Fuzzy lines and narration tradingNovember 21, 2010
There’s a concept about narration trading I’ve heard referred to as “The Chopping the World in Half Problem” which is, in games with narration trading, what do you do to stop players from just narrating, “I chop the world in half!”?
Usually, this exaggeration isn’t a real problem, because social contract plays a role in stopping people from trying to wreck the fiction, though certainly where social contract is unclear (new group, con game) or broken, it can crop up.
What’s more of an issue, is where everyone is on the same page with regards to what fits in the game narration-wise, but there’s “gaps” or spaces where you want or need more info in order to not step on each other’s toes.
An example from tonight’s game, was that there was an NPC love interest introduced this session, who we had no background or personality on- which meant, although by the rules we could easily narrate her one-way-or-the-other, because she’s so clearly tied to one of the player’s characters, it doesn’t make sense to just slam in a personality which may not fit.
This was a mild stutter in the flow of play, though one which I think comes up with narration trading games. If you don’t have established ideas/fiction on a character/place/thing, the group has to take a bit of negotiation on handling until a better idea is formed.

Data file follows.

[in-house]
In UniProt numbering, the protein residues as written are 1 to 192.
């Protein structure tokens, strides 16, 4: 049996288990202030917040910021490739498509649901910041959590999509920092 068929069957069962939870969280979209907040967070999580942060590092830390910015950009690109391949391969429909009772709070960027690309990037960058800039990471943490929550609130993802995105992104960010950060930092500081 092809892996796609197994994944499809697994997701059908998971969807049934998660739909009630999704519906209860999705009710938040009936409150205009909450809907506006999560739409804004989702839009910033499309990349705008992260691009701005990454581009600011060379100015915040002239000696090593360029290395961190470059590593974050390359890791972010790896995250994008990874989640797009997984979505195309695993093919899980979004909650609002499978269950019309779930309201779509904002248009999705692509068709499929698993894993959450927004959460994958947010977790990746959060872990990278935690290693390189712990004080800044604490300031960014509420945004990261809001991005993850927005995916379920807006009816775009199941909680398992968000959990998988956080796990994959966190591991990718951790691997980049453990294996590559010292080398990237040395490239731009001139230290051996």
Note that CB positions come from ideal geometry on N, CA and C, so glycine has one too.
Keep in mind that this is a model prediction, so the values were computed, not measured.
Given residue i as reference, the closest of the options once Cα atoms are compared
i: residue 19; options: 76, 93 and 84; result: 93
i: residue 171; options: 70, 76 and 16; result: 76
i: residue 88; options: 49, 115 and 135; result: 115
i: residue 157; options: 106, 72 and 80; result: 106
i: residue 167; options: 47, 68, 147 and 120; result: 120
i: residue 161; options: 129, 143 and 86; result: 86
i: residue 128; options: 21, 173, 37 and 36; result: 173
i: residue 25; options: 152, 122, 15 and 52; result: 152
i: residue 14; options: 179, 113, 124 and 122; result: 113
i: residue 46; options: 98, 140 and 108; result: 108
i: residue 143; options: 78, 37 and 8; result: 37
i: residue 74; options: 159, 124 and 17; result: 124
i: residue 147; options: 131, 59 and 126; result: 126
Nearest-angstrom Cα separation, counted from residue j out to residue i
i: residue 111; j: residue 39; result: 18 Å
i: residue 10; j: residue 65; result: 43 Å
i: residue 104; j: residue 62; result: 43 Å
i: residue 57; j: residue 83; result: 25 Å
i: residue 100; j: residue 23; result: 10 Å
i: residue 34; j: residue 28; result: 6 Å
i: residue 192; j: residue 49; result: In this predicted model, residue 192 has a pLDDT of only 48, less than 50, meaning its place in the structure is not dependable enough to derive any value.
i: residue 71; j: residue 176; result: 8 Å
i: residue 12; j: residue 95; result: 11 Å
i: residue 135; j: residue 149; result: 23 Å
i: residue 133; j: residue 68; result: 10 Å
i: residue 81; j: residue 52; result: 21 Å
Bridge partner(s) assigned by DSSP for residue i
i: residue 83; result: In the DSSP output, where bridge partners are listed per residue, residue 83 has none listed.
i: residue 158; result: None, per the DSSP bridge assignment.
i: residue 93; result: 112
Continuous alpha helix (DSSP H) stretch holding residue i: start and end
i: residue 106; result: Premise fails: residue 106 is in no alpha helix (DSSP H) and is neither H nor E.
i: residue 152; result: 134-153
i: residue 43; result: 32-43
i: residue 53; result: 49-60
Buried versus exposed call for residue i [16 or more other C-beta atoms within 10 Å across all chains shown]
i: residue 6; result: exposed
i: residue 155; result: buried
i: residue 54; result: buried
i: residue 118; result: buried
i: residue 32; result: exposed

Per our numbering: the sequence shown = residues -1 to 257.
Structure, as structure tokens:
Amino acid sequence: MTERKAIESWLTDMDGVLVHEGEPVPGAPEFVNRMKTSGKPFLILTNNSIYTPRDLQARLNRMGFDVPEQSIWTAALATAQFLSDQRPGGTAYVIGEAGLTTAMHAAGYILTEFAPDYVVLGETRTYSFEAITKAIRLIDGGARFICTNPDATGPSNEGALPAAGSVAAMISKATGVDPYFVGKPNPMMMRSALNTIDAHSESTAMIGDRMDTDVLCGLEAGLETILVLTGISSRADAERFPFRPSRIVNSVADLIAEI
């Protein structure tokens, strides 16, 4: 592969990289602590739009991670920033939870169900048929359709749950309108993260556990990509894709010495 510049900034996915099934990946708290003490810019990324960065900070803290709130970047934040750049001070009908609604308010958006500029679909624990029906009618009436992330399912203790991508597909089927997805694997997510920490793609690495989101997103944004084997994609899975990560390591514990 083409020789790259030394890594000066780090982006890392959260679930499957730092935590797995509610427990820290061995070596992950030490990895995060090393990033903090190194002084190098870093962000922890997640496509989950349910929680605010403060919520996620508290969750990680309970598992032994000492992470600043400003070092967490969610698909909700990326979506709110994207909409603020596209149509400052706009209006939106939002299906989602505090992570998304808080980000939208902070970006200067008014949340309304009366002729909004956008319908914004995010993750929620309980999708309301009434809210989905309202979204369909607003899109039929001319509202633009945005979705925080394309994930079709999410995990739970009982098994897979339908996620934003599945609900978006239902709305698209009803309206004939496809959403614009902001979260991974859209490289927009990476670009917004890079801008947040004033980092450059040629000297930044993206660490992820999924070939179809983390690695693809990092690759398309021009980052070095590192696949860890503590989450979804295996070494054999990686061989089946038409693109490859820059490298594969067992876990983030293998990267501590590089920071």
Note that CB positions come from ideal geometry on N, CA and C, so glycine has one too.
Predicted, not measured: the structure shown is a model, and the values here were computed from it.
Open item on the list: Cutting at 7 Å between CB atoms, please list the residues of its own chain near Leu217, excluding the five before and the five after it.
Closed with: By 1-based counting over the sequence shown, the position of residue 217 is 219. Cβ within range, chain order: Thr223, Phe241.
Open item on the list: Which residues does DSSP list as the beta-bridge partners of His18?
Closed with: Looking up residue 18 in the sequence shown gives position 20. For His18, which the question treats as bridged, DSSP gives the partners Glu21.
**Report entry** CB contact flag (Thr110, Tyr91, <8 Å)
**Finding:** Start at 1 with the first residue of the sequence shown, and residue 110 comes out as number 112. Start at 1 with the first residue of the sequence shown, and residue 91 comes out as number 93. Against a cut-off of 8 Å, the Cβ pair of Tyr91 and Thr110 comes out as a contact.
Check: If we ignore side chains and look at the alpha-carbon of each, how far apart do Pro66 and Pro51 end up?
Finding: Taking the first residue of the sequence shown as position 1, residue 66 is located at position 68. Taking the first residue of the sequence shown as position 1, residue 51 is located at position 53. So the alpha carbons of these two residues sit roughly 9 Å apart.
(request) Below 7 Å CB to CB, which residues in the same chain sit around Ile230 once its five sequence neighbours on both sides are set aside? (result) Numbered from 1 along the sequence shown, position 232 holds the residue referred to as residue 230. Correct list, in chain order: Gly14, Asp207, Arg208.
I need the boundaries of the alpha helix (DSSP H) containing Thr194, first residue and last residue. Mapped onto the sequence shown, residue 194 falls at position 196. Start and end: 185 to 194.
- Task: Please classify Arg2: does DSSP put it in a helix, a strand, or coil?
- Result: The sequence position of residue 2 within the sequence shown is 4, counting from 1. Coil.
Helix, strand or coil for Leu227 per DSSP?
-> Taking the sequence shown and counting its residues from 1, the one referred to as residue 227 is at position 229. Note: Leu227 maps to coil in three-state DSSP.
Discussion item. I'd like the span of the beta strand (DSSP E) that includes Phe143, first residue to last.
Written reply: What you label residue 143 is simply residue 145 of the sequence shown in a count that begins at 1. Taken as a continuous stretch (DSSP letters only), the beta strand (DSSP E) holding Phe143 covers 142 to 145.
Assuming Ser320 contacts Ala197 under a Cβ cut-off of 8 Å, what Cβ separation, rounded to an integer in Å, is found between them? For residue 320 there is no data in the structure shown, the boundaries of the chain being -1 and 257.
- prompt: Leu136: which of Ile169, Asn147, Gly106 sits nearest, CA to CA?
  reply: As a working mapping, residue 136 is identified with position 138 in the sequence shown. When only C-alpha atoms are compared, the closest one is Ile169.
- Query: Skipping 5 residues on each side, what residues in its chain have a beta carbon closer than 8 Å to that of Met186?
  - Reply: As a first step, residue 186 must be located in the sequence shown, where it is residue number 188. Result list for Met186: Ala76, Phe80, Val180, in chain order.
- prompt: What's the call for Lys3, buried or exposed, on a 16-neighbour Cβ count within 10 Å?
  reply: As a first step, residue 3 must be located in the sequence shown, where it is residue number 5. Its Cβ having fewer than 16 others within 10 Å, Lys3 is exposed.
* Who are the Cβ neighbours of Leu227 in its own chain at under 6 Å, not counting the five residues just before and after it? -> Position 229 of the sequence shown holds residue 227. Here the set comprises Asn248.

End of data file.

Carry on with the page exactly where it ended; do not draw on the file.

In some groups using narration trading play, I’ve seen people use nothing but Push methods, forcing ideas into play because the rules allow it, and expecting anyone to simply Push back if they want something different.
Although this works ok, I find that it’s not totally satisfying, especially since, as a player, it often becomes easier to just cut off your emotional investment in something that someone else has defined very different than what you were hoping for, rather than to go through the effort of trying to stake it out and re-define it after the fact.
What has led to more reliably fun play has been to do some table-talk and negotiate some details before narrating (or even setting Stakes on a conflict) and both of these mean that you’ve dropped back into unstructured negotiation – a bit of work and a fuzzy space to operate in.
I haven’t figured out a procedure for this- deciding when a character -matters- vs. when a character will be a toss-away can be tough sometimes, but I think there probably is a few key questions that could help give direction.
“What do they want?”, “What kind of personality do they have?”, “What do they think about (person/situation)?” might be a way to quickly nab enough information to clear up the fuzzy space.
Again, this is a small hiccup, and one which its important to smooth out without making a procedure be more work than fixing it freeform like we’re doing now.